Homemade Philly Cheesesteak Recipe

Our Homage to the City of Brotherly Love's Signature Dish

Homemade Philly cheesesteaks

The Spruce Eats / Diana Chistruga

Prep: 10 mins
Cook: 15 mins
Freeze: 30 mins
Total: 55 mins
Servings: 2 servings
Yield: 2 sandwiches
Nutrition Facts (per serving)
1391 Calories
80g Fat
106g Carbs
64g Protein
Show Full Nutrition Label Hide Full Nutrition Label
Nutrition Facts
Servings: 2
Amount per serving
Calories 1391
% Daily Value*
Total Fat 80g 102%
Saturated Fat 36g 182%
Cholesterol 188mg 63%
Sodium 1855mg 81%
Total Carbohydrate 106g 39%
Dietary Fiber 9g 31%
Total Sugars 14g
Protein 64g
Vitamin C 4mg 18%
Calcium 695mg 53%
Iron 10mg 55%
Potassium 844mg 18%
*The % Daily Value (DV) tells you how much a nutrient in a food serving contributes to a daily diet. 2,000 calories a day is used for general nutrition advice.
(Nutrition information is calculated using an ingredient database and should be considered an estimate.)

A classic Philly cheesesteak consists of thinly sliced and sautéed ribeye beef, melted cheese, and onions all stuffed into an Amoroso's Italian roll. The caramelized onions add flavor and texture without taking too much attention away from the real stars; meat and cheese. Some cheesesteak lovers add sautéed button mushrooms and/or peppers, but some locals to the City of Brotherly and Sisterly Love (or cheesesteak purists) may find this offensive.

As far as cheese options go, many would argue that Cheez Whiz is the only acceptable cheese, as it's typically what's used on a cheesesteak when ordered in Philly. However, provolone and American cheese are also acceptable, too.

There's definitely some debate as to who makes the best cheesesteak in Philly, often centering around Pat's versus Geno's. Suffice to say, Philadelphians argue about cheesesteaks the same way New Yorkers argue about pizza.

According the the Philadelphia Inquirer, to order one must say, "a cheesesteak wit" for onions and "a cheesesteak witout" for none. If you can't make it to Philly to try out your ordering skills, all that's needed is a griddle or cast-iron skillet, two offset spatulas, and a big appetite!

"The Philly cheesesteak with provolone was delicious and extremely easy to make. Though not a traditional Philly cheesesteak ingredient, it added a nice flavor to the tender steak. My hoagie buns were a bit soft and flimsy once they were buttered and toasted, so I just spooned the meat and cheese mixture into them." —Diana Rattray

philly cheesesteak/tester image
A Note From Our Recipe Tester


  • 1/4 cup softened unsalted butter, divided

  • 2 (10-inch) hoagie buns, sliced lengthwise, but not completely through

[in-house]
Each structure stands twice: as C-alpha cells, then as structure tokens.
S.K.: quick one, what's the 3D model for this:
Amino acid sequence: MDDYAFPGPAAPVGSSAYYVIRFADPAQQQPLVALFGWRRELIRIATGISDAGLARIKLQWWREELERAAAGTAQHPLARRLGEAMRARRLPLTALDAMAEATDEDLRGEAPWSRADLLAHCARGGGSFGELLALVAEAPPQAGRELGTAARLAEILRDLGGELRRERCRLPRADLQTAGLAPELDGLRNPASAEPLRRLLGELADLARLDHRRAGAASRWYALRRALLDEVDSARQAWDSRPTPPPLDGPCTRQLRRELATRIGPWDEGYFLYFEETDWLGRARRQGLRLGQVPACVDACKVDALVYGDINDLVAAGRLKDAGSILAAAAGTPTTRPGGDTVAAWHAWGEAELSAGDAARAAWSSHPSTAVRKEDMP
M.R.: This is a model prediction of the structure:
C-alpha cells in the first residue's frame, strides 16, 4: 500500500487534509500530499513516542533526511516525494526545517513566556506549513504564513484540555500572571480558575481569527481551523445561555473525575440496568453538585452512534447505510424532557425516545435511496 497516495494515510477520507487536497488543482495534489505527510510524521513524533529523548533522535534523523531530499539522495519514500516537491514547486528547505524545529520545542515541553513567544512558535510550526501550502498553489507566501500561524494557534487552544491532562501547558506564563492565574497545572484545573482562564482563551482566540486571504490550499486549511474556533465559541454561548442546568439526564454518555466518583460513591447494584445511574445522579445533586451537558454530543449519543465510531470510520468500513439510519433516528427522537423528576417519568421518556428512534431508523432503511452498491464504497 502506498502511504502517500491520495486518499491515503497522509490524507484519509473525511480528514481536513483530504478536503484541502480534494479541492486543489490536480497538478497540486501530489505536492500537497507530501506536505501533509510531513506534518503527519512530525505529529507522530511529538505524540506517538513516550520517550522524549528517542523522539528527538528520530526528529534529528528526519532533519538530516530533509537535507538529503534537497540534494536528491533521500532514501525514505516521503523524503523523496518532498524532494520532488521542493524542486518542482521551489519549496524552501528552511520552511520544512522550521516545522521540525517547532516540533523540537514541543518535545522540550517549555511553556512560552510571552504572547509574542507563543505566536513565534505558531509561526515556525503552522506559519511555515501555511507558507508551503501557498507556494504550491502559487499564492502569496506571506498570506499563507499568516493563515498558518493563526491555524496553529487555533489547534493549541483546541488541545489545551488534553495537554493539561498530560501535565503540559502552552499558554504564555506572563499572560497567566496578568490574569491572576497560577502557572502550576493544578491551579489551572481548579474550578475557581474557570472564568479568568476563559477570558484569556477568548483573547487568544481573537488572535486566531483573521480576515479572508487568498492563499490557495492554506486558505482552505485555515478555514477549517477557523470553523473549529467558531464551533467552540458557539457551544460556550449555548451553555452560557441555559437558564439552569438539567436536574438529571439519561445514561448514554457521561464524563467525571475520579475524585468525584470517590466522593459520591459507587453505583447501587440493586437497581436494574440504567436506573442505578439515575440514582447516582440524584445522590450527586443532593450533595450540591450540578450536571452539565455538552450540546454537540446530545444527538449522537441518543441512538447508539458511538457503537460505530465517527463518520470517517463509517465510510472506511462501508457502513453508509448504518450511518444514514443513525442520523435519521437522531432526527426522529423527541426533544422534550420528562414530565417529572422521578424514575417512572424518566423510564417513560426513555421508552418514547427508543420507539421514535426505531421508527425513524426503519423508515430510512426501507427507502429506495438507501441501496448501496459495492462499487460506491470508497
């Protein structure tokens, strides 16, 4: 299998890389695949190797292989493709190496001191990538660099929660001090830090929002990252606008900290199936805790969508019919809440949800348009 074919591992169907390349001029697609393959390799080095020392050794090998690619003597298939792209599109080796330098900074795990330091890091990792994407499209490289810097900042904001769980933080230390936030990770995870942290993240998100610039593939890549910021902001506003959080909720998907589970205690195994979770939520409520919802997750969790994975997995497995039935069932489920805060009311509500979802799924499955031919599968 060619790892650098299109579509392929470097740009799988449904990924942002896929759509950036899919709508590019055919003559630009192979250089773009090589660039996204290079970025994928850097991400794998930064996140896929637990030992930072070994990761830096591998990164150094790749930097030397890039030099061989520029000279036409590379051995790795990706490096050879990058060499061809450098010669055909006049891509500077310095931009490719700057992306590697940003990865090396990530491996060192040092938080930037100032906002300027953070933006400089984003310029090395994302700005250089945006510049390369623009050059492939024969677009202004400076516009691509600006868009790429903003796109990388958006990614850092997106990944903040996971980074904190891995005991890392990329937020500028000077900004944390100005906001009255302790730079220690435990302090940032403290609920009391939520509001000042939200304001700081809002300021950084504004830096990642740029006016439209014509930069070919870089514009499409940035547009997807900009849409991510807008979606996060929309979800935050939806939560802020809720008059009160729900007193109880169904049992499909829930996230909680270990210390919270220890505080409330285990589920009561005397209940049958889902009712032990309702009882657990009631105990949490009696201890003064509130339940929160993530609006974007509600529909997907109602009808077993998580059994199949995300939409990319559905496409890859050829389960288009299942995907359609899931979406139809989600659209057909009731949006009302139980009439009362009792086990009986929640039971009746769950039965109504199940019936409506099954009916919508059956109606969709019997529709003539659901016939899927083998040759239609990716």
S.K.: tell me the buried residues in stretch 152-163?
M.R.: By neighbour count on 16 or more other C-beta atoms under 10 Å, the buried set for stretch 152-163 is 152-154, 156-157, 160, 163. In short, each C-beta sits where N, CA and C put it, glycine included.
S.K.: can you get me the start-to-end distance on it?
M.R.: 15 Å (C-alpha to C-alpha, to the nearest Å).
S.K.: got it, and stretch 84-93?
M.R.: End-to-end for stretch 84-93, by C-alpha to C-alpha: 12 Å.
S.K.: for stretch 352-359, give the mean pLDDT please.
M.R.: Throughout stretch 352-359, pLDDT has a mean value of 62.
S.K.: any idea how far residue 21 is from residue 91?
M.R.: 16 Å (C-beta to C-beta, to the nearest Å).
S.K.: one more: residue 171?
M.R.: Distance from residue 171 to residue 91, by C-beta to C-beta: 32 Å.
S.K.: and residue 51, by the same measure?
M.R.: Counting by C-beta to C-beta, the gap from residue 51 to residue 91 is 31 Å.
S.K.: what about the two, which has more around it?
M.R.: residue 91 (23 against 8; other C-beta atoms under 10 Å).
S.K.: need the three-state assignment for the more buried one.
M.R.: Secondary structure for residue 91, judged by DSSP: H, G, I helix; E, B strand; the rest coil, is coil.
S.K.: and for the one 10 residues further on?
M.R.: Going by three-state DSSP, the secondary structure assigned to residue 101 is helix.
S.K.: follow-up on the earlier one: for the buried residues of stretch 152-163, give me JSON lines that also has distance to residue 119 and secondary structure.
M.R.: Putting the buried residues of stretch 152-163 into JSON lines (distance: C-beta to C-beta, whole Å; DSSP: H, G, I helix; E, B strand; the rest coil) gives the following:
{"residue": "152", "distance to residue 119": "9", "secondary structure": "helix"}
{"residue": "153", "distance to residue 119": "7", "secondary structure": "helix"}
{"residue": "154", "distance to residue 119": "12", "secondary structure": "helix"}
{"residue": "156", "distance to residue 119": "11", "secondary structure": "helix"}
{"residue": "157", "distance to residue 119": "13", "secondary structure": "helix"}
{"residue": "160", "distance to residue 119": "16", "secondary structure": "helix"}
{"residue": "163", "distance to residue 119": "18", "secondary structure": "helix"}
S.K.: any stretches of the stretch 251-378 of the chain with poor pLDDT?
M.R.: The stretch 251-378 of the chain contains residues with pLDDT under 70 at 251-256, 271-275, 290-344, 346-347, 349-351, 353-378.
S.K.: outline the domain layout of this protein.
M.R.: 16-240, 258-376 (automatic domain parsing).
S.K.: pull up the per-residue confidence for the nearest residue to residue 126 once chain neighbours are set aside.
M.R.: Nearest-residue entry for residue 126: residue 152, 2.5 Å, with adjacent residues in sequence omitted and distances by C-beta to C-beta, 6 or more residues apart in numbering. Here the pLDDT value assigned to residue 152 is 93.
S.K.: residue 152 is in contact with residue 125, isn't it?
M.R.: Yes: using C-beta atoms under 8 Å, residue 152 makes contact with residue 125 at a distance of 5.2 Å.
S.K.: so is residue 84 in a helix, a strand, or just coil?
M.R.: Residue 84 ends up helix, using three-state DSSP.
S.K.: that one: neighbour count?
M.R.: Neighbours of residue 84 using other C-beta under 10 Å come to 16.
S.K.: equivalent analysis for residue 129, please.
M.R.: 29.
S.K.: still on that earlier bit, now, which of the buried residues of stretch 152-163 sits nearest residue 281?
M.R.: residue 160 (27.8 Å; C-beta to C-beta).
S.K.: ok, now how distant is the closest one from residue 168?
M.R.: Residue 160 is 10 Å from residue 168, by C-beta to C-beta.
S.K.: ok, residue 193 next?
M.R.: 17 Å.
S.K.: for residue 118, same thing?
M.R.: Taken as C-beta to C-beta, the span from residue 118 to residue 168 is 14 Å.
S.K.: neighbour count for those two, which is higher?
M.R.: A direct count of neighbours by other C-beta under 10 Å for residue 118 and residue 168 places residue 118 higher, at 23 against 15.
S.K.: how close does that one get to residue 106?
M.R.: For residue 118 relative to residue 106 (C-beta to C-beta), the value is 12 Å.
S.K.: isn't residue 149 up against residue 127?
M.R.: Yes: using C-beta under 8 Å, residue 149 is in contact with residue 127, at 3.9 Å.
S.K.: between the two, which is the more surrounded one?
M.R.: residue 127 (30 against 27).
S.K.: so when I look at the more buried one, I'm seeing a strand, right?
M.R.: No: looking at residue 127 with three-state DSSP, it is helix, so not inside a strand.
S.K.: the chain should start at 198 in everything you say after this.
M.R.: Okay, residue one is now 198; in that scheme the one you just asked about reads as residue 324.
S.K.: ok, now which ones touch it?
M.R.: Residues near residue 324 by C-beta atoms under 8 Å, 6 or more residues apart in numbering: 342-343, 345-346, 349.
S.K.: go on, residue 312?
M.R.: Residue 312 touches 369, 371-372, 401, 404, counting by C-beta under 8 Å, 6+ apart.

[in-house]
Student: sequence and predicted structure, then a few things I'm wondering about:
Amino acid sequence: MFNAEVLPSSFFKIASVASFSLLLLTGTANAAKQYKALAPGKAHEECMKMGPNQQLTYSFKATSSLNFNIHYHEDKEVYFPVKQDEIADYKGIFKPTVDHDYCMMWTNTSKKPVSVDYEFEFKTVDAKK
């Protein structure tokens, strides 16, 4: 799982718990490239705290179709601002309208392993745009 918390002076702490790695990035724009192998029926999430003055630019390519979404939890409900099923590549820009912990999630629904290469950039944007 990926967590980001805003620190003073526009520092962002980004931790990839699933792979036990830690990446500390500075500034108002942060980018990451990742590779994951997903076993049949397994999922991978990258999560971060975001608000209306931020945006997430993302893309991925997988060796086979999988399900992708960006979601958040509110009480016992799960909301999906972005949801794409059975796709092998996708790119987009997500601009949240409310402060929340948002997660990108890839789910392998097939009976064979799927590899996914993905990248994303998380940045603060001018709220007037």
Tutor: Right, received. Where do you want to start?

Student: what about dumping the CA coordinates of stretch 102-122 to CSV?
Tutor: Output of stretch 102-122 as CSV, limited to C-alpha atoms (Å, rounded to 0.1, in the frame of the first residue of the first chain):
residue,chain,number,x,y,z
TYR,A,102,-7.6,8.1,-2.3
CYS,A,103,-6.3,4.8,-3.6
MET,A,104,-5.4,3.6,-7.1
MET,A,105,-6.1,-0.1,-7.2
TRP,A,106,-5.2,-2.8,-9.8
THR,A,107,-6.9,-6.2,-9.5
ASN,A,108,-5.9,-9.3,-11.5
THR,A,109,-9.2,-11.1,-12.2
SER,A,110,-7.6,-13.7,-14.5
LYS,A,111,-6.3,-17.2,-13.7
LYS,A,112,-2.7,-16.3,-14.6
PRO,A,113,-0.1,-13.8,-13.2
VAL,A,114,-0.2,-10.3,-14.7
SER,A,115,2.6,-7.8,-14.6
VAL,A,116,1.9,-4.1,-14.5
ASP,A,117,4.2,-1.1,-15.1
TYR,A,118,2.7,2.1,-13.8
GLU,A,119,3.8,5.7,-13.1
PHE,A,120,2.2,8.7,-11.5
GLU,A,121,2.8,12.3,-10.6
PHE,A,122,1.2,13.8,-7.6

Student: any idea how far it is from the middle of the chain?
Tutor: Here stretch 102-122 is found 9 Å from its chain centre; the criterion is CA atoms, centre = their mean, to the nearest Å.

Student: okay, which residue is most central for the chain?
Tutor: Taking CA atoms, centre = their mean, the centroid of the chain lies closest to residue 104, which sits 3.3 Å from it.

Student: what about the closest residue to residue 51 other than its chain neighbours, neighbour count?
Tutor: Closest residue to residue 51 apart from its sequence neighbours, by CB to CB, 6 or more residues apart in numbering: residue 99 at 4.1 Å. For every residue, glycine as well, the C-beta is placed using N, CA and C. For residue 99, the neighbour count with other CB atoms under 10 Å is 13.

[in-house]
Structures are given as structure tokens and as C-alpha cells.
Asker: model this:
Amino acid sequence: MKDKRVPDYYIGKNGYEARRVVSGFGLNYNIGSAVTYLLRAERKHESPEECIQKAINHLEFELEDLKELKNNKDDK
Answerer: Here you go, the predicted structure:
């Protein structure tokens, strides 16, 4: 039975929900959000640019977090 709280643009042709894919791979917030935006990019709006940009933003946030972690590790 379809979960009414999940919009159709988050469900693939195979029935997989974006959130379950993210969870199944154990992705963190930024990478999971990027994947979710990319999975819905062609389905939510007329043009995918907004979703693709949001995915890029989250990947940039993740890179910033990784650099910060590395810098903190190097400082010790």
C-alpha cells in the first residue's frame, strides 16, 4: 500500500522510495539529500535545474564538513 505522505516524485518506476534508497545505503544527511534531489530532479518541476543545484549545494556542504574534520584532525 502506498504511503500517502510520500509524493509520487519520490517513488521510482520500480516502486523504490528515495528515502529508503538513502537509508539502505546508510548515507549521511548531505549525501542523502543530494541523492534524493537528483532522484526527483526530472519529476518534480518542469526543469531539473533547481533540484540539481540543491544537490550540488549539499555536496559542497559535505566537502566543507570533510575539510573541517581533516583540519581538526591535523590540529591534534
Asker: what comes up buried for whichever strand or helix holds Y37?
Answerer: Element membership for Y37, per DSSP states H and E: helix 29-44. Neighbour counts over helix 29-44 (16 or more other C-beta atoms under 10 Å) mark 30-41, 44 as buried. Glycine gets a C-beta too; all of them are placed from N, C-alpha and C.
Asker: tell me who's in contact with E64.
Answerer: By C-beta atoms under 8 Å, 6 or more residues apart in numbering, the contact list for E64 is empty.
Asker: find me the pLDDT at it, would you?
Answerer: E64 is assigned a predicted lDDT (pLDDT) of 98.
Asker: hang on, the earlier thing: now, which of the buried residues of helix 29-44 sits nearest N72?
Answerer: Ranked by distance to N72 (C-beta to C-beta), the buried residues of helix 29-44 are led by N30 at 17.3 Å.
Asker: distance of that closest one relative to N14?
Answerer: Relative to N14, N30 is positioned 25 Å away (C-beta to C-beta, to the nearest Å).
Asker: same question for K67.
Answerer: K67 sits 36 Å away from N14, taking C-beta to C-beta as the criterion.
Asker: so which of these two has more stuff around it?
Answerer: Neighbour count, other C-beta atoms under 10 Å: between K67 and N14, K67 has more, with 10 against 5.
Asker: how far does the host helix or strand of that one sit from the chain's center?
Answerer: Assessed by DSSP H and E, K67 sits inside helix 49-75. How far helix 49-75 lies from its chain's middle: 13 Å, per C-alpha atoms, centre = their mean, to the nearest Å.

• 2 tablespoons olive oil

  • 1 large yellow onion, diced

  • 1/2 pound ribeye steak, very thinly sliced

  • Salt, to taste

  • Freshly ground black pepper, to taste

  • 1 teaspoons granulated garlic, more to taste

  • 4 slices provolone cheese

Steps to Make It

  1. Gather the ingredients.

    Ingredients to make Philly cheesesteaks

    The Spruce Eats / Diana Chistruga

  2. Divide the butter between the two rolls, spreading evenly over the cut sides.

    A knife buttering two cut sandwich rolls

    The Spruce Eats / Diana Chistruga

  3. Heat a griddle or a large cast-iron skillet over medium heat. Toast the rolls, buttered-side down, until golden. Set aside.

    A sandwich roll being toasted in a pan

    The Spruce Eats / Diana Chistruga

  4. Increase the heat to medium-high. Add the oil and heat until it shimmers. Add the onions. Sauté until soft and beginning to brown, about 8 minutes. Remove to a plate and set aside.

    Diced onions cooking in a pan

    The Spruce Eats / Diana Chistruga

  5. Season the steak all over with salt and pepper to taste, and the granulated garlic. Add the steak to the pan in a single layer, cooking in batches if necessary. Sear, undisturbed for 1 to 2 minutes. Flip and sear the other side until cooked through, about 1 minute.

    Slices of steak cooking in a single layer in a pan

    The Spruce Eats / Diana Chistruga

  6. Return the onion to the pan. Break apart the meat slices with two offset spatulas and toss with the onions.

    Shredded sliced steak and onions cooking in a pan

    The Spruce Eats / Diana Chistruga

  7. While still in the pan, separate the mixture into two servings. Shingle each serving with 2 slices of cheese. Add a teaspoon of water to the pan to help steam and melt the cheese. Cover the pan and cook until the cheese has melted (if using a griddle, cover with a stainless-steel bowl).

    Two portions of steak and onions covered with melted cheese in a pan

    The Spruce Eats / Diana Chistruga

  8. Transfer each serving into the rolls. Serve immediately.

    Two Philly cheesesteak sandwiches on a plate

    The Spruce Eats / Diana Chistruga

Paper Thin Ribeye

The beef needs to be be thin like the old freezer staple Steak-umm. To achieve this, freeze the meat for 30 minutes before slicing. Be sure to use a very sharp knife when slicing the ribeye—you want to get thin and even slices. Watch those fingers!


  • Typically, if using peppers, they're often long-hots, but you can use whatever you like.
  • Instead of adding granulated garlic to the steak, combine it with the butter and spread on the hoagie rolls.
  • Try replacing the butter with store-bought or homemade aioli.
  • Swap the provolone for another sliced cheese of choice.

Storing a Philly Cheesesteak

Wrap leftover sandwiches in foil and refrigerate for 1 to 2 days. To reheat, unwrap the foil and heat in a 350 F oven, 10 to 15 minutes.